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Kansas City presses on with emerging 'smart city' corridor

Matt Hamblen | Sept. 30, 2015
While some ROI is expected from US$102 million streetcar project, it's unclear whether overall tech push will pay off.

KC light
City officials are working with Cisco to install various sensors, including controls from Sensity Systems, for new LED streetlights to improve operating efficiency. Various other smart city sensors could be added later. Credit: Matt Hamblen

Cliff Thomas, managing director for Cisco smart and connected communities, called the Kansas City effort a "sandbox for new urban services," where inputs from citizens and even small app developers will enrich the process. It helps that Kansas City has a "pioneering spirit and a can-do attitude that is unique," he said.

Ad revenues and data privacy

As with just about anything connected to the Internet, there's potential ad revenue for the city. In addition to getting free Wi-Fi along the streetcar route, smartphone users might also get useful, targeted ads -- even real-time promotions for restaurant specials — assuming they opt-in to share their location and other personal information.

The city has pledged to follow data privacy best practices and in April, the City Council passed a resolution reaffirming that commitment.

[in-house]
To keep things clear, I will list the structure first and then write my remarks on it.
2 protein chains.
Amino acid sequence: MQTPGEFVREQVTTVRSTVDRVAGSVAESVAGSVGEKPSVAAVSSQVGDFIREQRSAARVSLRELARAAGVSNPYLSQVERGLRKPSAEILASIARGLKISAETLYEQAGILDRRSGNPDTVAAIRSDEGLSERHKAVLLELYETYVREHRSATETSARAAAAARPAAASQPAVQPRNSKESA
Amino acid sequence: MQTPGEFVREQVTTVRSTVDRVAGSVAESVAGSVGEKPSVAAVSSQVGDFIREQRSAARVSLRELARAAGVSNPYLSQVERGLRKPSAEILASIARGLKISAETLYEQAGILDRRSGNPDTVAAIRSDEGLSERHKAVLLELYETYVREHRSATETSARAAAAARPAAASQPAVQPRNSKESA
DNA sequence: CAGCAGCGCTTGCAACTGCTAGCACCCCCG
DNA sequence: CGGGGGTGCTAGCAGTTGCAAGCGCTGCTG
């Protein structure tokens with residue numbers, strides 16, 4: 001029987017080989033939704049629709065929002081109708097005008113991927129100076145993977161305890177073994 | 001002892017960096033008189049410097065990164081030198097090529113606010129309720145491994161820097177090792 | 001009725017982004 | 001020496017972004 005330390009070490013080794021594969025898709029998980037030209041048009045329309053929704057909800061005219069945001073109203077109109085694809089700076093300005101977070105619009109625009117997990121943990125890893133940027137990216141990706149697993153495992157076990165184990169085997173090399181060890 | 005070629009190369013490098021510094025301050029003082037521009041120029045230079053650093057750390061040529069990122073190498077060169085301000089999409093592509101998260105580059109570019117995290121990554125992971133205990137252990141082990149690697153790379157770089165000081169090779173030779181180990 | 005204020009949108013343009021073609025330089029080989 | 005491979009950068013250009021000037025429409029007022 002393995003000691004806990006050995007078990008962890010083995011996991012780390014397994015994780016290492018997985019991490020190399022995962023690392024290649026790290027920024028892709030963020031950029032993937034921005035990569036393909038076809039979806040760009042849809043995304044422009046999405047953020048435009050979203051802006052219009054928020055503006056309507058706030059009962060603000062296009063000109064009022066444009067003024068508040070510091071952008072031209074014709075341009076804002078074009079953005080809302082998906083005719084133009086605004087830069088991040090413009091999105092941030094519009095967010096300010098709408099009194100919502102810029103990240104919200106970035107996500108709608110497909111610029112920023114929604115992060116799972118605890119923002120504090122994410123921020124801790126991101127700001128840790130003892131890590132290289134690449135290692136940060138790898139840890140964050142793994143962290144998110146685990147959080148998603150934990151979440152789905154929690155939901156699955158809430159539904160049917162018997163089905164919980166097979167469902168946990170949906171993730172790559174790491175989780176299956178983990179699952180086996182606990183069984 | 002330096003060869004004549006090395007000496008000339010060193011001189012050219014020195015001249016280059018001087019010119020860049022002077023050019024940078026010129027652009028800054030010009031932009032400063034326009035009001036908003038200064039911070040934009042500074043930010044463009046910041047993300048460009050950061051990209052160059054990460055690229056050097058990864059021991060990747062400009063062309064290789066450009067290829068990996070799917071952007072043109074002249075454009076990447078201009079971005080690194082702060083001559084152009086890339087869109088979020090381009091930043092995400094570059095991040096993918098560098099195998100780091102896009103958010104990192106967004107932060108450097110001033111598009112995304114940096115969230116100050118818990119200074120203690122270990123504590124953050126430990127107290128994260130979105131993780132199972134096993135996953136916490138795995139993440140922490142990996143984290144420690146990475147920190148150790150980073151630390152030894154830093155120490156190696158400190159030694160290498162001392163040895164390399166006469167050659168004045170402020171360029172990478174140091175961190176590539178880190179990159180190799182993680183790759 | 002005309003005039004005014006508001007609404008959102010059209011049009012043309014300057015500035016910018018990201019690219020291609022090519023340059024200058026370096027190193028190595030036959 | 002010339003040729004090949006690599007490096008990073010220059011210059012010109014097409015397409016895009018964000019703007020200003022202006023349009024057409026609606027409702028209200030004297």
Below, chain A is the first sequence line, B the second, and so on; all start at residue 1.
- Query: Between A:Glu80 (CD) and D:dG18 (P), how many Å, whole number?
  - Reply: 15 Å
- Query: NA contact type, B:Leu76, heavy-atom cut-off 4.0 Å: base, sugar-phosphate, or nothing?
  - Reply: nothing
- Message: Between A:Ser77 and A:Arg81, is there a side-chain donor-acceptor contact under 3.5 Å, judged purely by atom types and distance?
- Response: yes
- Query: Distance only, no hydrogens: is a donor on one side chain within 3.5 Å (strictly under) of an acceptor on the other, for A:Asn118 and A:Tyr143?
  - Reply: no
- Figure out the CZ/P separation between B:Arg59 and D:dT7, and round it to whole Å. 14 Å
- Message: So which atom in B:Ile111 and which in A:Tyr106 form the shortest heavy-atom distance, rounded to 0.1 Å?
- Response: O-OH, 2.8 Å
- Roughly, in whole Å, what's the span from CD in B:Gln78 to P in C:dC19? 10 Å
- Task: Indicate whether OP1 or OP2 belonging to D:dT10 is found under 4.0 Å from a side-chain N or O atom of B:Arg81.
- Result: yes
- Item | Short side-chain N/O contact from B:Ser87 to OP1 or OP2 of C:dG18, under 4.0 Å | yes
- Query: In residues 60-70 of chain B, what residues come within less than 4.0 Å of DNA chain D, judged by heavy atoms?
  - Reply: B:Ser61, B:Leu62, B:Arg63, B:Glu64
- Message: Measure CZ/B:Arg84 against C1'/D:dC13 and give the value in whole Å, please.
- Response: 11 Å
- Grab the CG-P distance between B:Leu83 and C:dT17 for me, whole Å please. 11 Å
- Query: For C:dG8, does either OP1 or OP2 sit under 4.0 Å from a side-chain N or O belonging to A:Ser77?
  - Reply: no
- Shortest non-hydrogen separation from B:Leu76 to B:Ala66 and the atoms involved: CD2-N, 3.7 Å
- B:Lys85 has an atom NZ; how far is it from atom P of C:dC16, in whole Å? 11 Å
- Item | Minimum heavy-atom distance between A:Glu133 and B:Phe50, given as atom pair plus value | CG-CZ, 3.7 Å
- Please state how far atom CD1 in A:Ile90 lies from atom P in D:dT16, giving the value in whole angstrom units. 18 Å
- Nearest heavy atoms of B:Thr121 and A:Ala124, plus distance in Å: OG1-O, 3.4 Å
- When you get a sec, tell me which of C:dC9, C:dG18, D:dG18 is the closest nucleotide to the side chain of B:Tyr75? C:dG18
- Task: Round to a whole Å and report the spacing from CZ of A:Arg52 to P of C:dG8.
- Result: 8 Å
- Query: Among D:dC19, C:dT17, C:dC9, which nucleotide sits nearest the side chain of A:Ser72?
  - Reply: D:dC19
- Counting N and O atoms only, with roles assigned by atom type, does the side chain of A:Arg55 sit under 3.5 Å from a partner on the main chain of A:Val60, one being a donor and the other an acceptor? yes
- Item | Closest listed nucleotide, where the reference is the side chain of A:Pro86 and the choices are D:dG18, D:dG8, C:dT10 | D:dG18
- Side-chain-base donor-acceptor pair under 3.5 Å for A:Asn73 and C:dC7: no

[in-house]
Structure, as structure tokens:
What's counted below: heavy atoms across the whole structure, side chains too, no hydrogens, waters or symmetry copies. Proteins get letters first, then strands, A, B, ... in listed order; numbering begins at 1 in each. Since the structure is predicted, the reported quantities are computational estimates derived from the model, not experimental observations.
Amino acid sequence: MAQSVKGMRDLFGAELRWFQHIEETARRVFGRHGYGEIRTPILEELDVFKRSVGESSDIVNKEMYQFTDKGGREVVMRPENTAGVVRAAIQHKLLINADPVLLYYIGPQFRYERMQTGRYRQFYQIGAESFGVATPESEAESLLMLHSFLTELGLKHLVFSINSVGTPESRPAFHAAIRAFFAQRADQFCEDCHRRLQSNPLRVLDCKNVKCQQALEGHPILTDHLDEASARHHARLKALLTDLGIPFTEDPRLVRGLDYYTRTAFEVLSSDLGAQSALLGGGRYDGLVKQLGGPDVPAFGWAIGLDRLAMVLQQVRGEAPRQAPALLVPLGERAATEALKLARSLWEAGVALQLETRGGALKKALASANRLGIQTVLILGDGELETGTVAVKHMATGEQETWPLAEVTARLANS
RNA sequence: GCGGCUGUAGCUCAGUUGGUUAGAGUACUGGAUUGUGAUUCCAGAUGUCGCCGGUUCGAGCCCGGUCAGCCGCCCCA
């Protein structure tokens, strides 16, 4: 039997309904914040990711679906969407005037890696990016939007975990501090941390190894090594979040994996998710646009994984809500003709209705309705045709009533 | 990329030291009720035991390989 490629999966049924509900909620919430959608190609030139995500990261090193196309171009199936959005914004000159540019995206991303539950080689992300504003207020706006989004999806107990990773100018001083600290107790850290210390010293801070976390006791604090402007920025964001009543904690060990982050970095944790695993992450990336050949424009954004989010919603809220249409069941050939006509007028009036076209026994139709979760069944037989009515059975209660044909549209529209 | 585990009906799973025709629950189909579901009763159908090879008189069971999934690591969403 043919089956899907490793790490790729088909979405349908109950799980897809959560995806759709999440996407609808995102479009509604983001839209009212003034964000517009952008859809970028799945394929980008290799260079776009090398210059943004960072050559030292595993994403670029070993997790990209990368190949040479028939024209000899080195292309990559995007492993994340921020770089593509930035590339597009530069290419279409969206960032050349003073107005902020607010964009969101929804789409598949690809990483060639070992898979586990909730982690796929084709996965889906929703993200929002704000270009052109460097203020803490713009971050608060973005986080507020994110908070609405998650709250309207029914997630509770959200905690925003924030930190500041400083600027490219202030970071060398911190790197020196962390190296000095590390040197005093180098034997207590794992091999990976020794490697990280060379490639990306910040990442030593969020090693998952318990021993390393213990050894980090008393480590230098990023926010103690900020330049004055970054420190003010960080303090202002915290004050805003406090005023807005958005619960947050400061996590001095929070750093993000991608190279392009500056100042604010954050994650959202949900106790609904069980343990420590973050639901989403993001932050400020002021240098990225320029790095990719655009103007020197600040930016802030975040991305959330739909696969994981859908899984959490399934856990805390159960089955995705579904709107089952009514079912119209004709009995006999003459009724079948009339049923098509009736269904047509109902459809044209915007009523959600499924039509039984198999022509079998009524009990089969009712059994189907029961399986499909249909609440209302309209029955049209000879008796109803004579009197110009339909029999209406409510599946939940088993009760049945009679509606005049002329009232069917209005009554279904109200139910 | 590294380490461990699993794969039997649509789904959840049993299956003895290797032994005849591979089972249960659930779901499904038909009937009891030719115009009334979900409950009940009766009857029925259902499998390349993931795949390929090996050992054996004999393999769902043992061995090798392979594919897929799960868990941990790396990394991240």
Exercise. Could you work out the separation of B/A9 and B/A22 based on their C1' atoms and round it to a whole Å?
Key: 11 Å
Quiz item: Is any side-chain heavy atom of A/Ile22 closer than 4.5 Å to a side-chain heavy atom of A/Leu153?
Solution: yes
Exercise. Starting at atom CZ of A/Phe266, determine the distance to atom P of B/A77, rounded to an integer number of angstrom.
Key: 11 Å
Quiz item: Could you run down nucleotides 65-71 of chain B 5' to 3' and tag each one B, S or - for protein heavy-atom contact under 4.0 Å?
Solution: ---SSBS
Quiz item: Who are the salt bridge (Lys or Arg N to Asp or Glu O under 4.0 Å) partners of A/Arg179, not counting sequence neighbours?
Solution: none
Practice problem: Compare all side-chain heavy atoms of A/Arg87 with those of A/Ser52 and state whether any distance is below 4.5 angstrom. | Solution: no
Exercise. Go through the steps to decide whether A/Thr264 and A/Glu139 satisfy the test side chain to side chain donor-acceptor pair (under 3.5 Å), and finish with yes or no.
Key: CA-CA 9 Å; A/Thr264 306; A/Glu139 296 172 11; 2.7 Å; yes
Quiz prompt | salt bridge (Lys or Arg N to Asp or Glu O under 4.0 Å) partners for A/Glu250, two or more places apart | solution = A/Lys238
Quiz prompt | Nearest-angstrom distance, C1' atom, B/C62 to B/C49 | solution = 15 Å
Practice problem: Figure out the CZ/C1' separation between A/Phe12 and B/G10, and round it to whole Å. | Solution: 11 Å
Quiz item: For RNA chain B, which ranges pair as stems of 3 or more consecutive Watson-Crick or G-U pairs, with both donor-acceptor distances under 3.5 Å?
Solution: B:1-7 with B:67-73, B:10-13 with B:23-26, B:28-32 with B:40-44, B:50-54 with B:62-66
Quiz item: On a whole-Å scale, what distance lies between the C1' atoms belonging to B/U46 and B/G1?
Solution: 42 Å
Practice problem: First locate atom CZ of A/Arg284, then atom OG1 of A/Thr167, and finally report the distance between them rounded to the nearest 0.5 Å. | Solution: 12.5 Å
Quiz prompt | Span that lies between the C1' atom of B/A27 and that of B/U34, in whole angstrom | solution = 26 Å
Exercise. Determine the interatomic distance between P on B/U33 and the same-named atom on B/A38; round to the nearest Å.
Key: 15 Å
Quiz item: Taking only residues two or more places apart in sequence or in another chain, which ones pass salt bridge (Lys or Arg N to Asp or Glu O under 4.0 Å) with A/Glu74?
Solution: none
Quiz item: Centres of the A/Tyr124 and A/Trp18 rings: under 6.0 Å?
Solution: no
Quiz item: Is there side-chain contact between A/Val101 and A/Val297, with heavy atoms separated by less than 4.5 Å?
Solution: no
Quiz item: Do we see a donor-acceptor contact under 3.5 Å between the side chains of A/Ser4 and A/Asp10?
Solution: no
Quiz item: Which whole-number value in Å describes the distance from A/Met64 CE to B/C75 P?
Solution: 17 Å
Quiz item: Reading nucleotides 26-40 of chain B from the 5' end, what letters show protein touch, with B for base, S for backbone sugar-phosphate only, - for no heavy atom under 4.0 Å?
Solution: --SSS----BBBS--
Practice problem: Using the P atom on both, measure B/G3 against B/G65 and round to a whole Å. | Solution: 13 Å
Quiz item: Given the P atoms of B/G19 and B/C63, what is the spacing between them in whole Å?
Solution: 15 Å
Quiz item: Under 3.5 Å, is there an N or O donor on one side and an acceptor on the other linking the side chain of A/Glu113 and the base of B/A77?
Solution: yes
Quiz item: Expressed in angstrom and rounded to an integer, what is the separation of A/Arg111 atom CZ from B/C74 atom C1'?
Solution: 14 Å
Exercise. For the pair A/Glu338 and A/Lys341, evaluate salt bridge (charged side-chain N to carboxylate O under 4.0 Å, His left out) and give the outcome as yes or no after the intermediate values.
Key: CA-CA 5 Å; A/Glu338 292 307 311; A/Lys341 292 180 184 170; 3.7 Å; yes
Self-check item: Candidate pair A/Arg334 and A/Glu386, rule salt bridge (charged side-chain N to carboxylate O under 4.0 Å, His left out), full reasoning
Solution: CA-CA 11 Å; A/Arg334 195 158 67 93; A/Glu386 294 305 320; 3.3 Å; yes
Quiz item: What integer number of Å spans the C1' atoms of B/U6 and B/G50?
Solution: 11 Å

Tom Gerend, executive director of the KC Streetcar Authority, is also chairman of the city's newly created Smart City Advisory Board. The board plans to offer guidance on user privacy concerns, along with a raft of other questions touching on the ROI from the project's components.

"We know, generally speaking, what's being installed [in the smart city area], but the conversation is how do we leverage it?" Gerend said. "How do we utilize it to achieve outcomes that the city is striving to achieve in terms of customer satisfaction and services and to do so in a cost-effective manner that allows these systems to pay for themselves over time? It's all new. There is no road map."

In one potential smart city app, a driver could find a parking space from a car console or smartphone, then pay for it wirelessly and only be billed for the precise time used. "Why feed a meter for more time than I'm going to use?" said Herb Sih, managing partner of Think Big Partners, which is working with Cisco and the city on the project.

Think Big recently opened a collaborative office space for developers and entrepreneurs in a renovated historic 1903 warehouse just steps from the streetcar line. The building is within a short walk of the Sprint Accelerator, another site for innovative tech startups.

The Living Lab

One way Kansas City expects to capitalize on startup talent and freelance developers is through a public-private partnership called Living Lab, which will create and test applications to solve a multitude of urban problems. Living Lab hopes to take advantage of the "power of citizen innovation," as Sih put it.

 

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